• Love: Given an understanding of the process in which we are participants, nourished by information regarding the totality of the planet, we should lean naturally towards a state of transcendent freedom. Our fellow humans are necessary for achievement of this goal; they are in the same boat as we are — the minefield of history, the pain of material existence. Realizing this, we proceed forward hopefully towards the light of this great project: the birth of Humanity as such.
  • Finesse: The last act will be one of playful surrender. All of humanity’s greatest achievements have been crowned with final flourish, often simple in itself, which yet stamps the act as immortal. Ravaged by the horrors of time, thirsting for release, we will at the last moment relax our eons-old rush forward and let ourselves be drawn lightly into completion.

It will be argued that this program is hopelessly optimistic, that the momentum of despair is already too great, that history proves we are not up to the task and are condemned as a species to fade out in pain. To this I reply that, at least at first, only a fraction of the population need be consciously involved in the salvation of this planet. It does not require consensus. But there is a “critical mass”, probably unknowable, which we are yet far from. There is a point up until which the forces of convergence must seem to be failing, but after which the tide is irrevocably turned. Despair will be possible until the very end. Thus we are still stirred from complacency to act, not to single-handedly change the whole, but rather to tip the balance. Our individual actions have influence far beyond what most of us assume, and this influence may be amplified now by the communications technology at our disposal.

History is a transitional phase. Its brutality does not invalidate hope — it shows how high the stakes are. It demonstrates, not the unique human capacity for evil, but the amplifying effect of self-awareness on animal nature. What is unique about humankind is self-reflecting consciousness; all else follows. It has turned animal aggressiveness into cruelty, animal territorialism into war, animal fear into guilt and hatred. But it has also turned animal affection into love, and in its purest form has created works of art which defy explanation in terms of animal nature. History is the turbulence caused by the infusion of self-consciousness into an animal system. History will end when that self-consciousness becomes total, independant of the animal which has hosted it.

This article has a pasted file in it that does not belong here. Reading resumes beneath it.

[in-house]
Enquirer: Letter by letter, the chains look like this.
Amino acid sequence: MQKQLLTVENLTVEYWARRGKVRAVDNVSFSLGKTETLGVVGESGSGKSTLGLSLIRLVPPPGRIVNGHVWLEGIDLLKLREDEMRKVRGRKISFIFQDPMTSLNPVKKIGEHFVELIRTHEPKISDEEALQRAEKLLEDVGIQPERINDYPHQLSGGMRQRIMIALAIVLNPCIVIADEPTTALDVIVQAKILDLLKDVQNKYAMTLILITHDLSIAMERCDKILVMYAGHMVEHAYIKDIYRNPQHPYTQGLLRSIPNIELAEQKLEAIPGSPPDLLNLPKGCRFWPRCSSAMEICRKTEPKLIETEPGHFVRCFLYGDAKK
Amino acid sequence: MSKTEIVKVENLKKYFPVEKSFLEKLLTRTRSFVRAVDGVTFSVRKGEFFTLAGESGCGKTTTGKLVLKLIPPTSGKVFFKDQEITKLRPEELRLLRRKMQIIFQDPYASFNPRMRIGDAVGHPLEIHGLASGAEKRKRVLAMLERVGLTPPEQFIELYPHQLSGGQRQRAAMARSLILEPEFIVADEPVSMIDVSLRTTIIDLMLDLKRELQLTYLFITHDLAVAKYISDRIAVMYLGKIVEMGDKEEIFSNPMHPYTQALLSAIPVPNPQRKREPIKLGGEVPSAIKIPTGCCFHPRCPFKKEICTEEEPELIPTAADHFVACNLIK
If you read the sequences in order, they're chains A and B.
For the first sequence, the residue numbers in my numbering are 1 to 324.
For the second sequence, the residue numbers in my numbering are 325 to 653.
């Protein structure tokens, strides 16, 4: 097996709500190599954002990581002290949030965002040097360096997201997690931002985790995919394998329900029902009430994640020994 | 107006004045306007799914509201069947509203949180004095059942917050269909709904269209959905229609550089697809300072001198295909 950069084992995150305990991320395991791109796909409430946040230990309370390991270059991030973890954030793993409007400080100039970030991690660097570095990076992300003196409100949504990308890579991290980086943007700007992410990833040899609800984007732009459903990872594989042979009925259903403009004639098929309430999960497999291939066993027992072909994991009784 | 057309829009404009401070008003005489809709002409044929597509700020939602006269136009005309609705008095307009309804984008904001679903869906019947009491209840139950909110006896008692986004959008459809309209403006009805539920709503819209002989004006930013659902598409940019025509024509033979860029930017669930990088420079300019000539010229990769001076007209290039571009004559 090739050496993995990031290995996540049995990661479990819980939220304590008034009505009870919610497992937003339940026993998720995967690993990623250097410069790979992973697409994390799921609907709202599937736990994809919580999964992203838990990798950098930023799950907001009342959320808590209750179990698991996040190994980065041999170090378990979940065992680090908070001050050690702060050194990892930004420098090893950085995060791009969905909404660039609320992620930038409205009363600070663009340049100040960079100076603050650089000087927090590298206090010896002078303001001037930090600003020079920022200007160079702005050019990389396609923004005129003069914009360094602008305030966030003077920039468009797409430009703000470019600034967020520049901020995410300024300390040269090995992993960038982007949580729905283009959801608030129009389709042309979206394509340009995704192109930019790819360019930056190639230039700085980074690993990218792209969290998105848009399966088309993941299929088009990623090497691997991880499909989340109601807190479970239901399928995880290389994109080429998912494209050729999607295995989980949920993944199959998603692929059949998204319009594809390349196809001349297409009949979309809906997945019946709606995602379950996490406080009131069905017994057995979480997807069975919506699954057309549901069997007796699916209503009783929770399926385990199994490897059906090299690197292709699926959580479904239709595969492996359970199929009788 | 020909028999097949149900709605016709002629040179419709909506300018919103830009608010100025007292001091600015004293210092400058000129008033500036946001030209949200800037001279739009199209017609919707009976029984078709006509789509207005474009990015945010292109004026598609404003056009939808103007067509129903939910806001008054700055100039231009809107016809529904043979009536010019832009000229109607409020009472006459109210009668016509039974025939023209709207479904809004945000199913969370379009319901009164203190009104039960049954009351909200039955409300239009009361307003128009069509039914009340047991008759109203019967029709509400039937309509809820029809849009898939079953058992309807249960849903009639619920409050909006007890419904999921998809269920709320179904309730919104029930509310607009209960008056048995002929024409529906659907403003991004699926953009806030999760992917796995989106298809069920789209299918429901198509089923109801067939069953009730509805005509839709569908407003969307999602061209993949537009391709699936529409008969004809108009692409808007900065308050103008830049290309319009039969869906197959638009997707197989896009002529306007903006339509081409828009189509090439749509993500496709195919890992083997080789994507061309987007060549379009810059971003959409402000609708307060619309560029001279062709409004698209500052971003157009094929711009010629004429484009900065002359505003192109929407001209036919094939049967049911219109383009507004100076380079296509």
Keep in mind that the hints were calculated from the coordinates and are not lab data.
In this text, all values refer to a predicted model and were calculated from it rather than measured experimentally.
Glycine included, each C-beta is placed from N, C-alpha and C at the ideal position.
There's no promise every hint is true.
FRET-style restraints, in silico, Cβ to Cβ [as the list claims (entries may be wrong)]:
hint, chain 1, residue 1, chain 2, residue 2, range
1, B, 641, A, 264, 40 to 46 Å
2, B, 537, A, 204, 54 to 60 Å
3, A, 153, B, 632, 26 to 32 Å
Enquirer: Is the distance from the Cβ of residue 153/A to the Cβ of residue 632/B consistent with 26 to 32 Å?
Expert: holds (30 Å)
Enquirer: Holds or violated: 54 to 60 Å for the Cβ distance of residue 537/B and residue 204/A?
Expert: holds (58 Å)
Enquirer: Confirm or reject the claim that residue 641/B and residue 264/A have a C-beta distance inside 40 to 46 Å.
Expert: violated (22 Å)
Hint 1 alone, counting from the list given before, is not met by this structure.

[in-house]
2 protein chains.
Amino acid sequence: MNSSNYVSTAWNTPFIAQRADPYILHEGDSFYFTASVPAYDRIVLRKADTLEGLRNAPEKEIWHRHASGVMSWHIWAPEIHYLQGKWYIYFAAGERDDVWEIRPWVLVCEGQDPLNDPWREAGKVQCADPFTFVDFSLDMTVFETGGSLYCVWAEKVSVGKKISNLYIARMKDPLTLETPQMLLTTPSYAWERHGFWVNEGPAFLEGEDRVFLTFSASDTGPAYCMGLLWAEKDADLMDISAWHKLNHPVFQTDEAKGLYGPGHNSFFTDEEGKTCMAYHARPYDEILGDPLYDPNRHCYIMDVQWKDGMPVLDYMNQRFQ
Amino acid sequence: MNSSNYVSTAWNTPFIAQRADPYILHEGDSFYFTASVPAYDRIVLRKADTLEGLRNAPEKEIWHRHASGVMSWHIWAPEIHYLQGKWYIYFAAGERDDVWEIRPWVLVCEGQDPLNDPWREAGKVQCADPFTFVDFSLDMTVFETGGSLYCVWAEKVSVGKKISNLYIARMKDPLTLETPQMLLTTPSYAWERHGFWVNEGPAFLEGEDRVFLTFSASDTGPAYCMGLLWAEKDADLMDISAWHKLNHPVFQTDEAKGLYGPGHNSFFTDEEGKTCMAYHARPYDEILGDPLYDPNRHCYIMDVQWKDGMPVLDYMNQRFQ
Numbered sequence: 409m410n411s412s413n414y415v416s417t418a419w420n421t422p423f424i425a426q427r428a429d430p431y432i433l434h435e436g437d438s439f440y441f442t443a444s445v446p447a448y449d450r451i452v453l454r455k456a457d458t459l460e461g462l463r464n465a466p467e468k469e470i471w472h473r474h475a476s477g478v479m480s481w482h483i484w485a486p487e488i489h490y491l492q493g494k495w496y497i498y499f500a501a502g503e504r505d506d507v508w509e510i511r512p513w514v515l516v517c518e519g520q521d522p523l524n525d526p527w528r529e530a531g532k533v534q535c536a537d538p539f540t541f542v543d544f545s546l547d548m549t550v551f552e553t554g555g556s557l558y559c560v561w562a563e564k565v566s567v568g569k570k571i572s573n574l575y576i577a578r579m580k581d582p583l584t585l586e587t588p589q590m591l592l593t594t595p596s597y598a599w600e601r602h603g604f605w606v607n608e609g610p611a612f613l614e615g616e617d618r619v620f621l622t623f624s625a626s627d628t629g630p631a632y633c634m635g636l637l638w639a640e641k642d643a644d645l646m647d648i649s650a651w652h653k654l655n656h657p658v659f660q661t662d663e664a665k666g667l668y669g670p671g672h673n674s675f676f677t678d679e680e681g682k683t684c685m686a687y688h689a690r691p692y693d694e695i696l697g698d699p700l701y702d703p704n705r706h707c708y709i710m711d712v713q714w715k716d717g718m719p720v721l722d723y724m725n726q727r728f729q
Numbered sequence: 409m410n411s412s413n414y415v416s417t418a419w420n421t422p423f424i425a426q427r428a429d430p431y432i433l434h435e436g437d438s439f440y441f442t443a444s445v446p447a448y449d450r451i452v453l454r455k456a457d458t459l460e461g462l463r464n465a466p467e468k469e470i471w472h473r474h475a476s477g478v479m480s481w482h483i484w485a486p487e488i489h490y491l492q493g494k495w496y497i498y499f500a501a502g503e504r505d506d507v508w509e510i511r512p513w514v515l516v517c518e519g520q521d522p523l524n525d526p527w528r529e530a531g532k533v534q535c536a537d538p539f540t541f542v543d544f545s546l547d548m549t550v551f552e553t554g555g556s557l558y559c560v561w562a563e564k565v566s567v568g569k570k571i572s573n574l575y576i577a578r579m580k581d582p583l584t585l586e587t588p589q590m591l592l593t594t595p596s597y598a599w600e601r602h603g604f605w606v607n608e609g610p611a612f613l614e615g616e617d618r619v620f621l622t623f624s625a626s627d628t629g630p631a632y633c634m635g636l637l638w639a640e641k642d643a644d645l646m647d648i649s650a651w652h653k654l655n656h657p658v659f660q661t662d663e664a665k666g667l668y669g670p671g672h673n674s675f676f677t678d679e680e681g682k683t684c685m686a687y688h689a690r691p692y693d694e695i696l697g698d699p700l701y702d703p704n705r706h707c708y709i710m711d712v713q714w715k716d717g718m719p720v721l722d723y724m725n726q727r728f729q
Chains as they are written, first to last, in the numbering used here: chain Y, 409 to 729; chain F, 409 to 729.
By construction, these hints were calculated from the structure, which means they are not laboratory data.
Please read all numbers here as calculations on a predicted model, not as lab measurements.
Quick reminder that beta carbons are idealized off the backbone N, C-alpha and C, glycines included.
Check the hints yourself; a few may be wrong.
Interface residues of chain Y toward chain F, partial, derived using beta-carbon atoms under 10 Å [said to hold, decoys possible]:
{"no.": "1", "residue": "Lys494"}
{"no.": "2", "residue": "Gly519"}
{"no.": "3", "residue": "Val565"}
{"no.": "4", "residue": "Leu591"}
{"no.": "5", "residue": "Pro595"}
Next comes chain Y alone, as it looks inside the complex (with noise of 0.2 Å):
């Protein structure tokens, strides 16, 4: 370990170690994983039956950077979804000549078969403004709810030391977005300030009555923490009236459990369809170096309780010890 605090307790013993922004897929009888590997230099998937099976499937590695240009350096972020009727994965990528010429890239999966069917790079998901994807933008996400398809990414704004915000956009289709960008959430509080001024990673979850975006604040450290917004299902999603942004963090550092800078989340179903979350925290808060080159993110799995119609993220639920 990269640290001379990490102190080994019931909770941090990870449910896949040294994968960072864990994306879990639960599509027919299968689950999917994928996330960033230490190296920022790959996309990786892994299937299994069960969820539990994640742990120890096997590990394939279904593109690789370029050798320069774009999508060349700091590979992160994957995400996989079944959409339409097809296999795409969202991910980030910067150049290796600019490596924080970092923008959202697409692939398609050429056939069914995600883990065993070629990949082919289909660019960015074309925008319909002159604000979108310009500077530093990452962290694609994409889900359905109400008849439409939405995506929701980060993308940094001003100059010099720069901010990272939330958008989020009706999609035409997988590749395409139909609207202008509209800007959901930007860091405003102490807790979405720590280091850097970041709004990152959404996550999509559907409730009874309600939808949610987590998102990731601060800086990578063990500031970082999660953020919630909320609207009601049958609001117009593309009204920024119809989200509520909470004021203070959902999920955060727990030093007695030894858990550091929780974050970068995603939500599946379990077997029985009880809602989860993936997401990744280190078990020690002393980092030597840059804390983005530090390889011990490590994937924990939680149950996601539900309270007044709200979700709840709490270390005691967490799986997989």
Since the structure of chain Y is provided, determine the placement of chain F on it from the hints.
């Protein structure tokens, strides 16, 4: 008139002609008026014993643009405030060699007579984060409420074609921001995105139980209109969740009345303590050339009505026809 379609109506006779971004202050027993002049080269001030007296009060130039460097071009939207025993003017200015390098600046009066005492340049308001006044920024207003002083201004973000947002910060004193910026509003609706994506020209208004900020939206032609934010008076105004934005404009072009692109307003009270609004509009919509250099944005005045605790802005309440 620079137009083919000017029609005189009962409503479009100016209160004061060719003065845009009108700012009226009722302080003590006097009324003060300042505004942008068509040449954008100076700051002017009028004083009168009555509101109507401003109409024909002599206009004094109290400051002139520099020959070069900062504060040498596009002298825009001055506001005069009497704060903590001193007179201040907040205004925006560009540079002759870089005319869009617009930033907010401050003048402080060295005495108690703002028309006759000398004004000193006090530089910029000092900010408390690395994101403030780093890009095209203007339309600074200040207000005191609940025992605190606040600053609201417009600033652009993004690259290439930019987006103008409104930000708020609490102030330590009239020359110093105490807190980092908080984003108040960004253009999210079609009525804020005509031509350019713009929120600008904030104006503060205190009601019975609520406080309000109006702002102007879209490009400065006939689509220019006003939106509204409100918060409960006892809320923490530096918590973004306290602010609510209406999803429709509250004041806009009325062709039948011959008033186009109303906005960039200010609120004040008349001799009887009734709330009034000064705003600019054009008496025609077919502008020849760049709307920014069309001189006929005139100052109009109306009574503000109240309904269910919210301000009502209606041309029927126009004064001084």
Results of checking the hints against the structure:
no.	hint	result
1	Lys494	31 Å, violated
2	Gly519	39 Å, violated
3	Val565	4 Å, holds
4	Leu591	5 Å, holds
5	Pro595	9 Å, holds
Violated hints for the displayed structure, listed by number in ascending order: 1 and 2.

What this means in practical terms, it is impossible to say. There will be an air of familiarity, the sense of gazing into a collective mirror. After that, the embrace, and a kiss of reunion.

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Free Agents In Fractal Space

Many of you are now familiar with the so-called “butterfly effect”. Complexity theory and chaos dynamics squeezed out this memorable nugget to amuse the world with Nature’s antics. It states that the flapping of a butterfly’s wings in one part of the world can have profound effects on the weather in another.

Now, there are two “spins” on the butterfly effect. One I reject; one I embrace.

Typically, the butterfly effect — and chaos theory in general — is used to define limits: limits of human knowledge about nature, about the results of our action. “Sensitivity to initial conditions” is the applicable term here, and popular science takes that to mean that the best laid plans of Mice and Men are subject to the leeching blight of CHAOS. In its basest incarnation, this attitude shows meteorologists throwing up their hands, exclaiming, “D’oh! We just can’t predict the weather more than two weeks in advance!” The Empire sighs. Business as usual continues, its prison walls a tad more visible.

Well, that’s pretty lame. Say, what does a fractal mean to you? Sure, you’ve seen them on posters at the mall, and on rave flyers. Pretty colors. Druuuugz, man. And maybe you’ve heard that fractal math is used to generate trees and landscapes in computer films. Well, that’s kind of neat. Why is that? Fractals provide models of lots of natural processes, such that it’s easier to simulate the branching of a tree with a few simple formulas than by tediously computing every leaf and twig.

So what? What about the second interpretation of the butterfly effect?


A fractal is generated by a recursive process. So are landscapes and trees. DNA replication, population flux, heart fibrillation, the stock market — all are based on iteration (cyclicity) and feedback. So are you. And how about language? And, sorry to jump the gun here, but consciousness — self-consciousness — is now presumed to be a recursive process. Capiche?

The butterfly effect is due to a small change in one cycle getting fed back into the process, amplifying itself each time until it is quite significant.

On boundaries there is life
Life is a boundary condition
Like the shape of flames
Like farms along the Nile

Another gem from chaos math is that fractals are often found along boundaries. Or more accurately, many boundaries are fractal. That means that between two seemingly discreet regions there may be a zone of chaos, swirling filigrees wherein one cannot tell what region one is in. Is a tidal pool land or sea? What is the edge of a cloud? Where is the line between Right and Wrong? What is the nature of altruism? When does a historical period “end”? How can one describe the transition between waking and sleep? Between life and death?